My Coast Guard

Deckplate Leader of the Week: Chief Petty Officer Daniel Negron

By From Master Chief Petty Officer of the Coast Guard’s Facebook page

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Our Deckplate leader of the week is Chief Petty Officer Daniel Negron, a storekeeper assigned to Headquarters Regional Support Team!

Chief Negron’s current duties include continuing to serve all customers in DCMS while working to implement a new FMPS support team for Headquarters. He has effectively balanced the increased workload, keeping customers happy AND communicating effectively with subordinates. His leadership has mitigated the stressful effects of an arduous organizational change on both customers and his team. He’s been a staunch advocate for not only his subordinates, but all junior members in and outside of Base National Capital Region that our initiatives may effect.

As the treasurer of the NCR Chief Petty Officer's Association, Negron was an instrumental leader in the establishment and operations of the COVID-19 kitchen. He is currently assigned to supervise all procurement transactions needed on behalf of DCMS customers and has been designated the leader for the new team’s development of workflows/processes that will be implemented for micro purchasing and Milstrip acquisitions for all of CGHQ.

Negron has supported and taken an active leadership role in a major HQ restructure implementing the new FMPS support team. During this transition one of his primary concerns was the impacts on the enlisted workforce regarding workspaces, chain of command and providing clear understanding of processes and procedures. 

He’s active in the Chief’s Mess and communicates with the Chief of the Mess to ensure awareness to the Chief's Mess of local E6s advancing to E7 to allow for recognition of momentous milestone in members’ career. He was instrumental in the coordination with the USS Serpens Memorial Celebration as well as volunteers for to support.

As a leader, Chief ensures Enlisted Petty Officer of the Quarter recognition of deserving members within his world of work, including timely recognition of junior members including those not in his chain of command. He is a staunch advocate for the enlisted workforce.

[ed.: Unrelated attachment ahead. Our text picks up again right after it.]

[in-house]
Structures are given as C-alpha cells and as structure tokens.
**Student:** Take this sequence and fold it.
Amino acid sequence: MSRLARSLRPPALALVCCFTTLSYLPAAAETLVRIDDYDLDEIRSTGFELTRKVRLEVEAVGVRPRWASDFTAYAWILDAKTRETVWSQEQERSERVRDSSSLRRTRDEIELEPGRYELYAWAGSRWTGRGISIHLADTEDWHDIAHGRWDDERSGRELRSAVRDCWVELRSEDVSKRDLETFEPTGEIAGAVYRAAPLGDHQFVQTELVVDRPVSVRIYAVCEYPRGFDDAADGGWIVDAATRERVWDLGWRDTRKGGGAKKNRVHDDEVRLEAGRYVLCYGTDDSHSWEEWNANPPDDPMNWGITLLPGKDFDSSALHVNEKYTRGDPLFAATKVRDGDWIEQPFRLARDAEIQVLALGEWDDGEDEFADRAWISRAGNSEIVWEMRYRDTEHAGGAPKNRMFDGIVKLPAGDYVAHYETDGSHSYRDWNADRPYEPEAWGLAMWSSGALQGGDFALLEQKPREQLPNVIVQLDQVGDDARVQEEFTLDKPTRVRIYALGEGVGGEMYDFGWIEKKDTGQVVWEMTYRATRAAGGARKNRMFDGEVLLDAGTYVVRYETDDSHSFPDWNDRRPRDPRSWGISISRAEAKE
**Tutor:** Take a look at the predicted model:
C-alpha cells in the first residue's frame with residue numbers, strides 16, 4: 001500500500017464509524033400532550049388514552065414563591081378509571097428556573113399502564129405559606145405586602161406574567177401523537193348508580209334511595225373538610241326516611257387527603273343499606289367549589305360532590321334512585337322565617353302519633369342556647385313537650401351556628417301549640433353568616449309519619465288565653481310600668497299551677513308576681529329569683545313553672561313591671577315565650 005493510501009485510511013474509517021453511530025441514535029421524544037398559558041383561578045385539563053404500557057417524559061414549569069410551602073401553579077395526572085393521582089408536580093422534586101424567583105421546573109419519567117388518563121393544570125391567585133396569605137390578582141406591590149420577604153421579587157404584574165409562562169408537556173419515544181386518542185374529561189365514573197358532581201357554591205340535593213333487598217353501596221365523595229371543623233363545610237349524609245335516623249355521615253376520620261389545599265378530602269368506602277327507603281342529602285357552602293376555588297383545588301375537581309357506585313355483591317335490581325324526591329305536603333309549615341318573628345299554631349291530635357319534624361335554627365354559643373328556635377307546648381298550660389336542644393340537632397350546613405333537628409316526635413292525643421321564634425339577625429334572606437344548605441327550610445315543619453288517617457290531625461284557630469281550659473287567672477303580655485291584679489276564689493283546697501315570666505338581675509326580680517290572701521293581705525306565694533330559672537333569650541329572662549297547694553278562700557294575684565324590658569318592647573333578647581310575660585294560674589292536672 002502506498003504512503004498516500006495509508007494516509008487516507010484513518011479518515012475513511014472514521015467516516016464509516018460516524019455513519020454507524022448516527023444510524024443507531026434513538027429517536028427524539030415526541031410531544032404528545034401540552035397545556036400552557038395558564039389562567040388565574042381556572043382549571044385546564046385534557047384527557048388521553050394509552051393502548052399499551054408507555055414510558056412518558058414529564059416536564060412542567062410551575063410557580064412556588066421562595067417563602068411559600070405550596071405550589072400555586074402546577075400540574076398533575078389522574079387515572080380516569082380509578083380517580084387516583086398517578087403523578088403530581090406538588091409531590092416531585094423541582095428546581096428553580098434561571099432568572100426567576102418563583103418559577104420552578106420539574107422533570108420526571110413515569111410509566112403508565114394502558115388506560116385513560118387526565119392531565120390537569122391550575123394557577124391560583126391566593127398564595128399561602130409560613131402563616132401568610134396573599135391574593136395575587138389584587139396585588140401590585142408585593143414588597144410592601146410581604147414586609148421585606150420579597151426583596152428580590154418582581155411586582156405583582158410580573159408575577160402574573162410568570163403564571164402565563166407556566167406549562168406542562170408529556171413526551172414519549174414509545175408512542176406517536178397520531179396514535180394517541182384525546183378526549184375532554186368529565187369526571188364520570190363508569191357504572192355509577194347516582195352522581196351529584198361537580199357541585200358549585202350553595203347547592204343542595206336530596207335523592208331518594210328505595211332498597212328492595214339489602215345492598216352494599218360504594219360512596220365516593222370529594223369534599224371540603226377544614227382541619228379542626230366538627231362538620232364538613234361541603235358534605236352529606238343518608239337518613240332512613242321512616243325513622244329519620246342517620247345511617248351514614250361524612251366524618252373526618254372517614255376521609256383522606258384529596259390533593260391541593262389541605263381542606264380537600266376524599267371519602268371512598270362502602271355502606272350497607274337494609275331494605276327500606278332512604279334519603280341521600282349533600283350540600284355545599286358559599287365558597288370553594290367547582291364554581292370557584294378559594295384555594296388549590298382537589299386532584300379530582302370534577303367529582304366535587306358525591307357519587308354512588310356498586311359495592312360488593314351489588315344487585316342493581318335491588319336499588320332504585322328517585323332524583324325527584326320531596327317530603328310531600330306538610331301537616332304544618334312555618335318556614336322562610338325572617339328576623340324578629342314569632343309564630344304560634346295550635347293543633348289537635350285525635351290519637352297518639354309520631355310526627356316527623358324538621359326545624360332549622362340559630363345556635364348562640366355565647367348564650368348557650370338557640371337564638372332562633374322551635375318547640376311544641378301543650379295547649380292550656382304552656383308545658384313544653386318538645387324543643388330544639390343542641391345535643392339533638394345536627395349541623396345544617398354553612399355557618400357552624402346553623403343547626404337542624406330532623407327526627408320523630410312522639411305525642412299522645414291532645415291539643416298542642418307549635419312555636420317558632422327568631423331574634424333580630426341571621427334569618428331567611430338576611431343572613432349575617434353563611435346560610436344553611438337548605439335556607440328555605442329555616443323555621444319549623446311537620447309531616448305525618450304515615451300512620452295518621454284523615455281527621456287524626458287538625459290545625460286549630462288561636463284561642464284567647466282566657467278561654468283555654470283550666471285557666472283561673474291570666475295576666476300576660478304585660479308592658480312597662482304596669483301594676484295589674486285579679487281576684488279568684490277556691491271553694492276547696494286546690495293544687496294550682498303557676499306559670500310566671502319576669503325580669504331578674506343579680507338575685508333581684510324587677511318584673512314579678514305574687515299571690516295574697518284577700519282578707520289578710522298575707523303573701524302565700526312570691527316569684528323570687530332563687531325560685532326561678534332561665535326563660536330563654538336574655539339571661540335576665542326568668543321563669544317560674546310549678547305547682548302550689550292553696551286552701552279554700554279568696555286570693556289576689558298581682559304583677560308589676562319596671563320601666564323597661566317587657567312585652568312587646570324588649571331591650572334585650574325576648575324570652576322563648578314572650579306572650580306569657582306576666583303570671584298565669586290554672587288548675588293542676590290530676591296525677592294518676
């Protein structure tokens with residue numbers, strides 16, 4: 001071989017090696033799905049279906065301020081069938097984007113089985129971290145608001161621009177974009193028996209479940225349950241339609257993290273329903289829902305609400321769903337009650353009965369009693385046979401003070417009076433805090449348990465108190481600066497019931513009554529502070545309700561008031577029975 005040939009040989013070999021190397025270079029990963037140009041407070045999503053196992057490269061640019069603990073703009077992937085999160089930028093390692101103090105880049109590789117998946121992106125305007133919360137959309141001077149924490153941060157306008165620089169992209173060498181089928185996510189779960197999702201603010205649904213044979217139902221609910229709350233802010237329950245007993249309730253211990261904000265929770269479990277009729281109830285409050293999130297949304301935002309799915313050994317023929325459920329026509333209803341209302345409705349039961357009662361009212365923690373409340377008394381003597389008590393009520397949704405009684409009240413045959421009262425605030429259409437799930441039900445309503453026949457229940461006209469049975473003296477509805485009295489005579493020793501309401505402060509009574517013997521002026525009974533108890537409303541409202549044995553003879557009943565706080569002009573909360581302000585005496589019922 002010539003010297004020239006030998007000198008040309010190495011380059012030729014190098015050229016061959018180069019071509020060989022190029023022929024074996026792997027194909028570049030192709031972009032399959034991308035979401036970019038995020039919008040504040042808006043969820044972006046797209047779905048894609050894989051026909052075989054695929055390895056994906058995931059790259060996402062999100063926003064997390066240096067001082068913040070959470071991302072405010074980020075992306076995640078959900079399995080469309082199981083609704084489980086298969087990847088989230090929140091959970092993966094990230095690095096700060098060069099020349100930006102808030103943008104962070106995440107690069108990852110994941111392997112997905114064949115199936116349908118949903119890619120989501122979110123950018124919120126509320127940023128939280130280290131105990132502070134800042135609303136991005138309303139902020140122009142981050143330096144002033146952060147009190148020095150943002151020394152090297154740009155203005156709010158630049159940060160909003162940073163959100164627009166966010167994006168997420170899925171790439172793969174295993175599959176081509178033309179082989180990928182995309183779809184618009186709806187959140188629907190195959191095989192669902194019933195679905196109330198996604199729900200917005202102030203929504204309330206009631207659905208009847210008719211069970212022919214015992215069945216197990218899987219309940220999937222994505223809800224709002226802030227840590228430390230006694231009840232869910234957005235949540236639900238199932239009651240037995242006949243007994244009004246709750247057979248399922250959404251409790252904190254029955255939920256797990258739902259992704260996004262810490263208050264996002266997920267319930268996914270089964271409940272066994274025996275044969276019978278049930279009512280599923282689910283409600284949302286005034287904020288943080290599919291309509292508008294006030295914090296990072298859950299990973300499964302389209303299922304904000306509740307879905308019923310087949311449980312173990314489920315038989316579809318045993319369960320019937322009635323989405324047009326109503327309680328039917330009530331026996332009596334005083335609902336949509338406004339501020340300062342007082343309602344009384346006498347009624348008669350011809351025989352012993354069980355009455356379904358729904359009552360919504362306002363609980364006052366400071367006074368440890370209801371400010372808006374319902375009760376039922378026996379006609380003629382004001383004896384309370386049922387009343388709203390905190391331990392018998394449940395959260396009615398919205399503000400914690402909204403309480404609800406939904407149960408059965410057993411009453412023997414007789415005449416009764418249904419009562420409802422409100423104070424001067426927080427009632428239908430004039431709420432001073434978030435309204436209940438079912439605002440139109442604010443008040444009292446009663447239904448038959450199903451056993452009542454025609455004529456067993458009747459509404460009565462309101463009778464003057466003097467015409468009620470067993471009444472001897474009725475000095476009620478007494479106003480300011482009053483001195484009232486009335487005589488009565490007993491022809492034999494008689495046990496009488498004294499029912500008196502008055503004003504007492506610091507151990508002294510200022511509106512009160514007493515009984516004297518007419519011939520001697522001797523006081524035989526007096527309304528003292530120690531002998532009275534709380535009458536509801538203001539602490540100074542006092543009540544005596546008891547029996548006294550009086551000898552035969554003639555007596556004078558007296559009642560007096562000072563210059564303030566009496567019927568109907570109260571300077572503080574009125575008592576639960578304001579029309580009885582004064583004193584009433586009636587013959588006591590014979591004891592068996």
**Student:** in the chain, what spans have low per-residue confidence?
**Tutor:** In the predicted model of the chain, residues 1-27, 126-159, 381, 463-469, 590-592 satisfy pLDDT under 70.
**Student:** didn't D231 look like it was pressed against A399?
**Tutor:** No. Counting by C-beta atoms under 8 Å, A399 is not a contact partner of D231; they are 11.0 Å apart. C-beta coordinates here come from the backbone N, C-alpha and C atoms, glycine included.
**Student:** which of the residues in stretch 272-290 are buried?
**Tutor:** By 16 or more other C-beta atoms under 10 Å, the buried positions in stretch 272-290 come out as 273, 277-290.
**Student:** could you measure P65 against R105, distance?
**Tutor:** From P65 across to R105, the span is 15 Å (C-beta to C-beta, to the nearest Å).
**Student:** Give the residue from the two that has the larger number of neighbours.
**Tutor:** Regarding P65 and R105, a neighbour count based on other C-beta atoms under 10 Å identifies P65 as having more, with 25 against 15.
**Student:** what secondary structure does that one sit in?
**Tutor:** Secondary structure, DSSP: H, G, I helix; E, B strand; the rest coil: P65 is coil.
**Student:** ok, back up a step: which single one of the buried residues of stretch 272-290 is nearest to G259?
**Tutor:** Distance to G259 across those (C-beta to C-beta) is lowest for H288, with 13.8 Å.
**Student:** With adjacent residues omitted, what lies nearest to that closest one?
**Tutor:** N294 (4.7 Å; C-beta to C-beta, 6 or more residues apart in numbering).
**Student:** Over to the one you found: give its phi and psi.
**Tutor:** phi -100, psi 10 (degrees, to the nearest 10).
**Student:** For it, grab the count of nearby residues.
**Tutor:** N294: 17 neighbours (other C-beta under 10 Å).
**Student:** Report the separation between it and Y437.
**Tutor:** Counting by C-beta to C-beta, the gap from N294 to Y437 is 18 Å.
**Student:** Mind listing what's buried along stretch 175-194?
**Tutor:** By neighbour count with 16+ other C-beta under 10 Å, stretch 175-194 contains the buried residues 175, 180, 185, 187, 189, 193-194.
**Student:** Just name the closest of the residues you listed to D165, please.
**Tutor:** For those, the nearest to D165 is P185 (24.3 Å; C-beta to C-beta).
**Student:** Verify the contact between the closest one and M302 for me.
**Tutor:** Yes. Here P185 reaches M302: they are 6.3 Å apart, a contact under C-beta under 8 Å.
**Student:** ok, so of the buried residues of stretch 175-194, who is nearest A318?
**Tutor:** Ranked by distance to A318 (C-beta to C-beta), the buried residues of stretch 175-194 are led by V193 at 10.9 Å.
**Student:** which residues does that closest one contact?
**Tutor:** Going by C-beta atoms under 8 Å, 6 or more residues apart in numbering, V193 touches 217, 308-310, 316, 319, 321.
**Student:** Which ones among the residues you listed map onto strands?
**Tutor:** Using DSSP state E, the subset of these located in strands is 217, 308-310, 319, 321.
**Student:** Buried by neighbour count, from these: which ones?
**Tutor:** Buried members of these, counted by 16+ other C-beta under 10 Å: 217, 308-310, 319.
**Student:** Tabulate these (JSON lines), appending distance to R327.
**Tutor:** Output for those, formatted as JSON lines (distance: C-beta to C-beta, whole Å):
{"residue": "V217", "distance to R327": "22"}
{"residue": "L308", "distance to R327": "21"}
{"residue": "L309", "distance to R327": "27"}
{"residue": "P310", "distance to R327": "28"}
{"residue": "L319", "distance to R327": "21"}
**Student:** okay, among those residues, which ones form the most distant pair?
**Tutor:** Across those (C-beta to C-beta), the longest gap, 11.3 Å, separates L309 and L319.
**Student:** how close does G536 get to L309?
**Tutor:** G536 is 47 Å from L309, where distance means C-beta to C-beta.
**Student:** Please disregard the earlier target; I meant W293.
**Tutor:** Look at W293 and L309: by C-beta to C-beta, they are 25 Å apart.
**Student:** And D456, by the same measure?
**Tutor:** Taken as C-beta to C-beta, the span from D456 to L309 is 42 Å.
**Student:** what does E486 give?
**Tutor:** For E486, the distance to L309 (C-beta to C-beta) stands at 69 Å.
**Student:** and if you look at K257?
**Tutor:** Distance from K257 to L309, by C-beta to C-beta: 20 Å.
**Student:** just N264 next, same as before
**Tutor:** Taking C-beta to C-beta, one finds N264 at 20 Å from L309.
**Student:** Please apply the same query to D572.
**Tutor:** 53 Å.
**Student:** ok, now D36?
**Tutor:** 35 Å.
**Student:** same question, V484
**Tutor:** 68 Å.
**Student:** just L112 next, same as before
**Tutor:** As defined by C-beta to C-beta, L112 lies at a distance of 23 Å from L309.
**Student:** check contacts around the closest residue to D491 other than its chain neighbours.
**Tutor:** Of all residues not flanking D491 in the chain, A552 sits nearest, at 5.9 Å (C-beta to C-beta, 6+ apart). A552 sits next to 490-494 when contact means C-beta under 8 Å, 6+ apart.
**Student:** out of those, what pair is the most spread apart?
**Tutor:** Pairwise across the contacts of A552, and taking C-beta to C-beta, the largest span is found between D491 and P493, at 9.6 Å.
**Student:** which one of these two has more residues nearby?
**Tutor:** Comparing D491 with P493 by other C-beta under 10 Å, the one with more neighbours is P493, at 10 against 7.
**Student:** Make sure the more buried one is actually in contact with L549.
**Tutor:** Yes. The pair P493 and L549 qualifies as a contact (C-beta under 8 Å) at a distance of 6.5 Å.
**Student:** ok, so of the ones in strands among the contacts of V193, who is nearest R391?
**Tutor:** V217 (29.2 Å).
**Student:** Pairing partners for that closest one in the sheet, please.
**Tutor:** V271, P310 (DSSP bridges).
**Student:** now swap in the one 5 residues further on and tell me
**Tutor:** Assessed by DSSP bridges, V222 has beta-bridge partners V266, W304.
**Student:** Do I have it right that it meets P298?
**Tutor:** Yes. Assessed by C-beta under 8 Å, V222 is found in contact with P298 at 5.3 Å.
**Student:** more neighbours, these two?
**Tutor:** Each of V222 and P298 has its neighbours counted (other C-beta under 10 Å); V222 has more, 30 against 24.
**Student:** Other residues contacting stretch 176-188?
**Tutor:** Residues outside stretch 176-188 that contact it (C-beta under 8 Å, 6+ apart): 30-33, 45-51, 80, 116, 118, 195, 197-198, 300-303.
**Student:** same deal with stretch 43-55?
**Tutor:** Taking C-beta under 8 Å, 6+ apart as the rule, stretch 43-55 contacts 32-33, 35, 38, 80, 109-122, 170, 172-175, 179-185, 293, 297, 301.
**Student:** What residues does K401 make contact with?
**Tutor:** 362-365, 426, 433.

1. In my opinion, what makes a "good" Chief, means to never forget where you came from. Most chiefs started as a fireman or seaman apprentice and have achieved that milestone advancement to chief petty officer. However, we cannot forget about what we went through to get here, so we have to continue to have open communication with our junior members and check in on them to make sure they are good in both their personal and work life. A “good” chief always keeps the line open with the junior members to let them know they are being supported by their leadership.

2. My advice to junior members is to continue studying for advancement and work towards your personal education. Try not to become stagnant where you are at, continue to push forward and move up the ranks. There are so many opportunities aside from your normal positions, check the message board, ask your supervisors and be open about your unit diversity. Also do not be discouraged to get underway; it can be tough at times, however it is very rewarding. You learn a lot and you can have a little fun. Be open to working with your leadership to help create a better environment for your shipmates. As you move up the ranks, remember that you still have to look after your junior petty officers. Looking out for each other will never get old.

Do you have a chief who you would like to recognize? Please contact Chief Petty Officer Crystalynn Kneen.